Molly has learned that as she integrates and processes each experience, the next goal may change, and that’s OK. A serious, but amateur dancer, Molly continues to learn the role of patience in rebuilding one’s physical strength after illness. This experience has influenced her career path; she thought she’d want to work with aspiring professional athletes, but now feels more open to alternative patients, including those facing other health conditions like pelvic floor challenges and aging adults. But in addition, she understands the importance of living, like travel, being outdoors, and of course dancing like nobody's watching! 

During treatment, Molly didn’t come out about her cancer diagnosis on social media. She decided to keep things private for as long as she could. She shared only with her family and closest of friends, in an effort to stay private during this incredibly stressful time. But those that knew, were incredibly supportive and were there no matter what the need was. As an only child, Molly has always been close to her parents, and during her illness they were there unconditionally for her with both practical information and emotional support. Due to a diagnosis at such a young age, many of her friends had no experience of what it meant to support someone with cancer. However, her friends quickly learned and educated themselves about the clumsy, painful and confusing aspects of the illness from side effects of medications and how she would feel from day to day. They always showed up for her in ways full of empathy and love. From these people, Molly learned the true meaning of support and of community.

Part of the recovery process for Molly is learning how to be more open and vulnerable when sharing her story. Her story is no longer just about what SHE went through, but how she can take her experience and share with others. Breast cancer is very alienating and isolating, and she hopes that sharing through her personal experience, other patients can find the same kind of supportive community she was so lucky to have, and that is where Living Beyond Breast Cancer comes in.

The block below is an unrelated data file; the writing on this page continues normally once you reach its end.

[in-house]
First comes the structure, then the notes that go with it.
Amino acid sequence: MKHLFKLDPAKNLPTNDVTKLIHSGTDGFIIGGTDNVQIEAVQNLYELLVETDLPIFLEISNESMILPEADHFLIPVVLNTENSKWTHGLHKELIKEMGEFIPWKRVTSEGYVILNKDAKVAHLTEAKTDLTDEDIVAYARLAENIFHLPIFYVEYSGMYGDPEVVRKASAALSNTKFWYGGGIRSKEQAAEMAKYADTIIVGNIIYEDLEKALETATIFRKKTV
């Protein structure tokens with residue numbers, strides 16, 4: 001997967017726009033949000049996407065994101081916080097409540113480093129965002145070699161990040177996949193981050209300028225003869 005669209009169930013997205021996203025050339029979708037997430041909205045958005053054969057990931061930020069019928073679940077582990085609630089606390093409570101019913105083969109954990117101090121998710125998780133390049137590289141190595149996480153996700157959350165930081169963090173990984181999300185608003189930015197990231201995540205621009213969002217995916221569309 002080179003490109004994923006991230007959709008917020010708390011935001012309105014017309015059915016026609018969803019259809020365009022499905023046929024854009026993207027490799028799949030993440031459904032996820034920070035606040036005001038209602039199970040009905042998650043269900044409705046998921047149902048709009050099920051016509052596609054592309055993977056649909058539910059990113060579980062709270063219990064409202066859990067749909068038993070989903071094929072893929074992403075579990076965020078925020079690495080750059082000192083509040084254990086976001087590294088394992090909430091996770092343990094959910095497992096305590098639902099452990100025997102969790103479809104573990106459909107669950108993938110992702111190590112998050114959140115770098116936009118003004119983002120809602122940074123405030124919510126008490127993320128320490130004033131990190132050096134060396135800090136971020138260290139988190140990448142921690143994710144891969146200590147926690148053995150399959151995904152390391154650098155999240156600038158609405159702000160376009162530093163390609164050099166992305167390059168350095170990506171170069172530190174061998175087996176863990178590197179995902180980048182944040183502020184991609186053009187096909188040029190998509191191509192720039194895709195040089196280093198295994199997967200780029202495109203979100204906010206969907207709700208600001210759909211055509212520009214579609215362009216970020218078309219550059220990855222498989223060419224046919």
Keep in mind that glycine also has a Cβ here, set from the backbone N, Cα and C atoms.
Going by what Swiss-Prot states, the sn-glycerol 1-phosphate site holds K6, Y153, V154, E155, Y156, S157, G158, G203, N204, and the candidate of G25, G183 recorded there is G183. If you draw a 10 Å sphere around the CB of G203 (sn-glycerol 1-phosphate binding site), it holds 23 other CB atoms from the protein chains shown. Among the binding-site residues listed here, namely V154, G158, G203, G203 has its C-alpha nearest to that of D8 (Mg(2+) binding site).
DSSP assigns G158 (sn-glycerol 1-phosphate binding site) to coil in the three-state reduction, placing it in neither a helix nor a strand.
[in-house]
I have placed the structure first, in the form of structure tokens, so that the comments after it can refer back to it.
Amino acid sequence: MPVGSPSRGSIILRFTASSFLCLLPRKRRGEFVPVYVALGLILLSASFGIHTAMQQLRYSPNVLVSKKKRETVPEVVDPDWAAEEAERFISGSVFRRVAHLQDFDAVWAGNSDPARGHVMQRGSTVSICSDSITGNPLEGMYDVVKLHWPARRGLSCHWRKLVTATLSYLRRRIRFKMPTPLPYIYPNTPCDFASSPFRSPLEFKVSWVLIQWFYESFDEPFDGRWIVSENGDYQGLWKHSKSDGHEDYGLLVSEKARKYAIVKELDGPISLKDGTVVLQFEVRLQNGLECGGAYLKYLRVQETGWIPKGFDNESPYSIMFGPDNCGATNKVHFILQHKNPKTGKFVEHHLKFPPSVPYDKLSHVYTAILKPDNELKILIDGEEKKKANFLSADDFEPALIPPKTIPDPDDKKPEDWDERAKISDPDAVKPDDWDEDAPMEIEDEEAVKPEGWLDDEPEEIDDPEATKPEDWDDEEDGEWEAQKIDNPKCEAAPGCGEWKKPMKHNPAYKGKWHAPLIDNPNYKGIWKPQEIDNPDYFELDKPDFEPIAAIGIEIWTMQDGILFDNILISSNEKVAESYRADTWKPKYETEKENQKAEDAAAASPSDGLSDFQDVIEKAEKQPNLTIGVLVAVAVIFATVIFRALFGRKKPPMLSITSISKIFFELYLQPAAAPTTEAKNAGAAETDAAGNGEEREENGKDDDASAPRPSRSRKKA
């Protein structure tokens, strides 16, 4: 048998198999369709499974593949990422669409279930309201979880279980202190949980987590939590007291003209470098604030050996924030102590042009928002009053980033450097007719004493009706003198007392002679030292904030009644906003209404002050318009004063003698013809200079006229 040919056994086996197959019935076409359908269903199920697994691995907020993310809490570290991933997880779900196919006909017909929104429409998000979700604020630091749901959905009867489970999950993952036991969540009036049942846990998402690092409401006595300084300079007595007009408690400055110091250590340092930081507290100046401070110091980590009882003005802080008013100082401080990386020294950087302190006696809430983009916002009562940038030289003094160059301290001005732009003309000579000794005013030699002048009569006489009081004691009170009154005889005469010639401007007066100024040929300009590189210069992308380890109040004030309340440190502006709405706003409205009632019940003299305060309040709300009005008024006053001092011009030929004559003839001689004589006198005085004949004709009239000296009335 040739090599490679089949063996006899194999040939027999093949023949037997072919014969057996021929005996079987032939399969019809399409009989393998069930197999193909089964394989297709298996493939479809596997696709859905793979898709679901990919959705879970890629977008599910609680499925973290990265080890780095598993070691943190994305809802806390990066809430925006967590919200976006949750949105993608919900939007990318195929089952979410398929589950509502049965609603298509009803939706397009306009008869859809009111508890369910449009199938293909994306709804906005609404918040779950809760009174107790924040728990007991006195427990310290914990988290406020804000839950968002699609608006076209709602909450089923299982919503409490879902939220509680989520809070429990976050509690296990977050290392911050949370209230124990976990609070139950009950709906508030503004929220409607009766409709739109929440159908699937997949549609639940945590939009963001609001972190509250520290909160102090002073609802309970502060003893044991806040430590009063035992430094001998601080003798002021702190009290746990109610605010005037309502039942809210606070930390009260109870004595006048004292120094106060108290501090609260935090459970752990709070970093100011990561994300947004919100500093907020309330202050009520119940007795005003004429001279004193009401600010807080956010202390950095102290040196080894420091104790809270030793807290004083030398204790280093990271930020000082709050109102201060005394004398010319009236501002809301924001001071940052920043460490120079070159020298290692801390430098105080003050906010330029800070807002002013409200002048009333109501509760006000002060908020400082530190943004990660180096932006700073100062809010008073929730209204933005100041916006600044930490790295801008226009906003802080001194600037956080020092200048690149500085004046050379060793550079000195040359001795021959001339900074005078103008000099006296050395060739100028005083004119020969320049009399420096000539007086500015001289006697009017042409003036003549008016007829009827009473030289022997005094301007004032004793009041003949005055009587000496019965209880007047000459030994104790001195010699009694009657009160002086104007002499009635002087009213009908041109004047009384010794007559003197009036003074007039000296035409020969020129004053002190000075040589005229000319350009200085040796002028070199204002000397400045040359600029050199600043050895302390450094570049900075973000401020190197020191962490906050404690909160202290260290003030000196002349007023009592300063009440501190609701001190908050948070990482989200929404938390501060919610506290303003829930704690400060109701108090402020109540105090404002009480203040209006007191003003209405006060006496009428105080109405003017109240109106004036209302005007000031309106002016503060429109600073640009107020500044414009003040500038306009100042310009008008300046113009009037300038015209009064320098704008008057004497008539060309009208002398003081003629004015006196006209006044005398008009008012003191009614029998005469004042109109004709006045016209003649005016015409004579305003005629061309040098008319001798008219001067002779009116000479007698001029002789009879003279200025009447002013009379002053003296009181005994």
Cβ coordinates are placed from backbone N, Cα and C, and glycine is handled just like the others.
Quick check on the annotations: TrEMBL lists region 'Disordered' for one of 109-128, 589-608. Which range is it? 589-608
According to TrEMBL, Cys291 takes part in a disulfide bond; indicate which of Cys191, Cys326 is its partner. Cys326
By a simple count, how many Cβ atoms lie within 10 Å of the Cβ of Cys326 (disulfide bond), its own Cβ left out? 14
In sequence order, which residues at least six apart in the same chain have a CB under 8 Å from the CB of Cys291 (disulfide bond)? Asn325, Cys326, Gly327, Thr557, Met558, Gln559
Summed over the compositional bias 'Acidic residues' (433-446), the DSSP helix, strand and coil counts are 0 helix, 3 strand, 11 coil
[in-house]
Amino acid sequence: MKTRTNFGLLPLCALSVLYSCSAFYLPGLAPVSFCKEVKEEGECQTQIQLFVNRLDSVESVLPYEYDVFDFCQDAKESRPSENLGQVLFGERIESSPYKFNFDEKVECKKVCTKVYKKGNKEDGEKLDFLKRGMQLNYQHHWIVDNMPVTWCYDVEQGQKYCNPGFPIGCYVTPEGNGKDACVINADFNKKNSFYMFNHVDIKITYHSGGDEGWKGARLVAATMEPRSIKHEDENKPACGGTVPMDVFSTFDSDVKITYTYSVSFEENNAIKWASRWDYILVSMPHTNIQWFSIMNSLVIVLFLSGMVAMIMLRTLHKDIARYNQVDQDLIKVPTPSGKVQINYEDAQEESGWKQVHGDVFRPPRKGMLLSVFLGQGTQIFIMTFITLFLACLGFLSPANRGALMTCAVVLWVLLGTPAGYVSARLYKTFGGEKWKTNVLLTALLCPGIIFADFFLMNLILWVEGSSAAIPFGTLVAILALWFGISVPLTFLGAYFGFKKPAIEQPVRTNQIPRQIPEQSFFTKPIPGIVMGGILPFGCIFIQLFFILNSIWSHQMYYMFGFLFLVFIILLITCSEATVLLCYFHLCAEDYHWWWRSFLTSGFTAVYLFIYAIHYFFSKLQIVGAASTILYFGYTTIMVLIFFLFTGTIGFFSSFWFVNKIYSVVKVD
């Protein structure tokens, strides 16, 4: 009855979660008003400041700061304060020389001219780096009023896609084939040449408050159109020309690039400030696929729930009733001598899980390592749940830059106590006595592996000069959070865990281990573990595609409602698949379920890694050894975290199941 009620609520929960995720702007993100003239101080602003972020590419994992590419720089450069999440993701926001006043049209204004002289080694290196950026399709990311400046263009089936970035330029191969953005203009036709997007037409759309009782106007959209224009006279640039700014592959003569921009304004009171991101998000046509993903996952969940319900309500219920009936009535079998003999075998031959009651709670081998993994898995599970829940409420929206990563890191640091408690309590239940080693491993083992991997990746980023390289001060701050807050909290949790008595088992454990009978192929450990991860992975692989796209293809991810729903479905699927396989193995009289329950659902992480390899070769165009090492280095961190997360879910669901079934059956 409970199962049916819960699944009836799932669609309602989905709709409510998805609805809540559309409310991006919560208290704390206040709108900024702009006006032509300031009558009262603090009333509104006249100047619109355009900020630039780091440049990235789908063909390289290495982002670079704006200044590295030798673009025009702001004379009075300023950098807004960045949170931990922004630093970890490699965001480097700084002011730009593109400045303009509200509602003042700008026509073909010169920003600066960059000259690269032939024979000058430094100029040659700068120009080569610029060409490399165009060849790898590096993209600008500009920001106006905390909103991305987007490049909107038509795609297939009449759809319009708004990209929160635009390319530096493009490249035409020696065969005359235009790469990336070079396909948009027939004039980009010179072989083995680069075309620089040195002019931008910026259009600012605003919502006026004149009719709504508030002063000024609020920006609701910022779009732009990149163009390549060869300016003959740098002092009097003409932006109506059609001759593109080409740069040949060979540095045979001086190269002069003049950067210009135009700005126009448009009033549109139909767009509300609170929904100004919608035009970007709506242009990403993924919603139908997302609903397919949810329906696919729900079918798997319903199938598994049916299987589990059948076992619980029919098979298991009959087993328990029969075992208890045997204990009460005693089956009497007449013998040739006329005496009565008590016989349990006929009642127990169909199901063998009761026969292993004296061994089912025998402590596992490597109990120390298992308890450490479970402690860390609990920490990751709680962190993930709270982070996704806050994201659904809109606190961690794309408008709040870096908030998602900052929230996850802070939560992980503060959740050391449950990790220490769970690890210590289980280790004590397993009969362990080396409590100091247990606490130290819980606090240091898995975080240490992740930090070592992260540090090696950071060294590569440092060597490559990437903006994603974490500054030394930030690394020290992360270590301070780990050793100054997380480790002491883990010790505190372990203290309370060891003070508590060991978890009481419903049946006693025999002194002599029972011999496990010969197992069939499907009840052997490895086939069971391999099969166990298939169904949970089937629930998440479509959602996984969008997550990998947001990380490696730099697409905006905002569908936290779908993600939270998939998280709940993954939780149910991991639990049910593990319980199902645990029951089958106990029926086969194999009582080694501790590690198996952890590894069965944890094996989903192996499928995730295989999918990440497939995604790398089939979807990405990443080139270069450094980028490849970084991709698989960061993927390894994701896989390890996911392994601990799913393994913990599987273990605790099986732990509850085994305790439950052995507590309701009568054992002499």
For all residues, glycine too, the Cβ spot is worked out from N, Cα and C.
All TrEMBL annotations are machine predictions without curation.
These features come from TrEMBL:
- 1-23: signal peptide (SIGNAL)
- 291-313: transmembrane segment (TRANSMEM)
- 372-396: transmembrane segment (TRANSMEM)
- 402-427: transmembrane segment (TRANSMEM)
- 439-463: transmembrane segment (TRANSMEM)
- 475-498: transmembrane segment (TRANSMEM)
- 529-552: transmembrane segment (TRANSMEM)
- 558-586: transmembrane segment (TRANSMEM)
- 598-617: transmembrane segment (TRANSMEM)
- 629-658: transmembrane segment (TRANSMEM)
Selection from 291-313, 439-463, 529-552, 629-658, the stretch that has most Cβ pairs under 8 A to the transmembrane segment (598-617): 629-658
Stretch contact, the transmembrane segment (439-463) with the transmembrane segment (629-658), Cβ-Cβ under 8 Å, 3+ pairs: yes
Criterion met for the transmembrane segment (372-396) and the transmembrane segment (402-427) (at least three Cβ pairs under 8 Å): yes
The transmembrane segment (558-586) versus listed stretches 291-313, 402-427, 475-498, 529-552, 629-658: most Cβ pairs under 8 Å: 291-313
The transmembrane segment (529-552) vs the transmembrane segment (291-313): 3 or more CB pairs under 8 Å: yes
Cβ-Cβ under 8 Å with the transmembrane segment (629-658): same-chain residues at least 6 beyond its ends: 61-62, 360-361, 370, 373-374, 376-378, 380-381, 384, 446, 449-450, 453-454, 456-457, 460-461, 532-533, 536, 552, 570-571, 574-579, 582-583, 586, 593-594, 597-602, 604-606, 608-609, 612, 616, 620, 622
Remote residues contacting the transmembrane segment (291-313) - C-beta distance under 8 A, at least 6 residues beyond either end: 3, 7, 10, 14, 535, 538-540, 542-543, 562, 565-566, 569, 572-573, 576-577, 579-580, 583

Molly met Dana Donofree, a board member of LBBC and the owner of AnaOno, who  introduced the services and community as well as CEO, Jean Sachs. Meeting these two women, one diagnosed at a young age, and one that specializes in how to support people like herself, Molly paved a new stride in her path and began enjoying the events and community offerings of the organization, like Reach & Raise and the Butterfly Ball. Molly and Dana formed a team together at the 2018 Reach & Raise, LBBC’s annual yoga-based fundraiser. This event was a pivotal moment for Molly. Before putting herself out there to make her yoga team, she relied on her own personal support network, and so this was the first time she felt like she was really part of a larger community of people who have experienced breast cancer. Molly really appreciates that at LBBC programs and events, she feels like she is part of a community of people who have all been diagnosed with the same disease but who have all been affected differently and have had different experiences from which they and others can learn and feel less alone.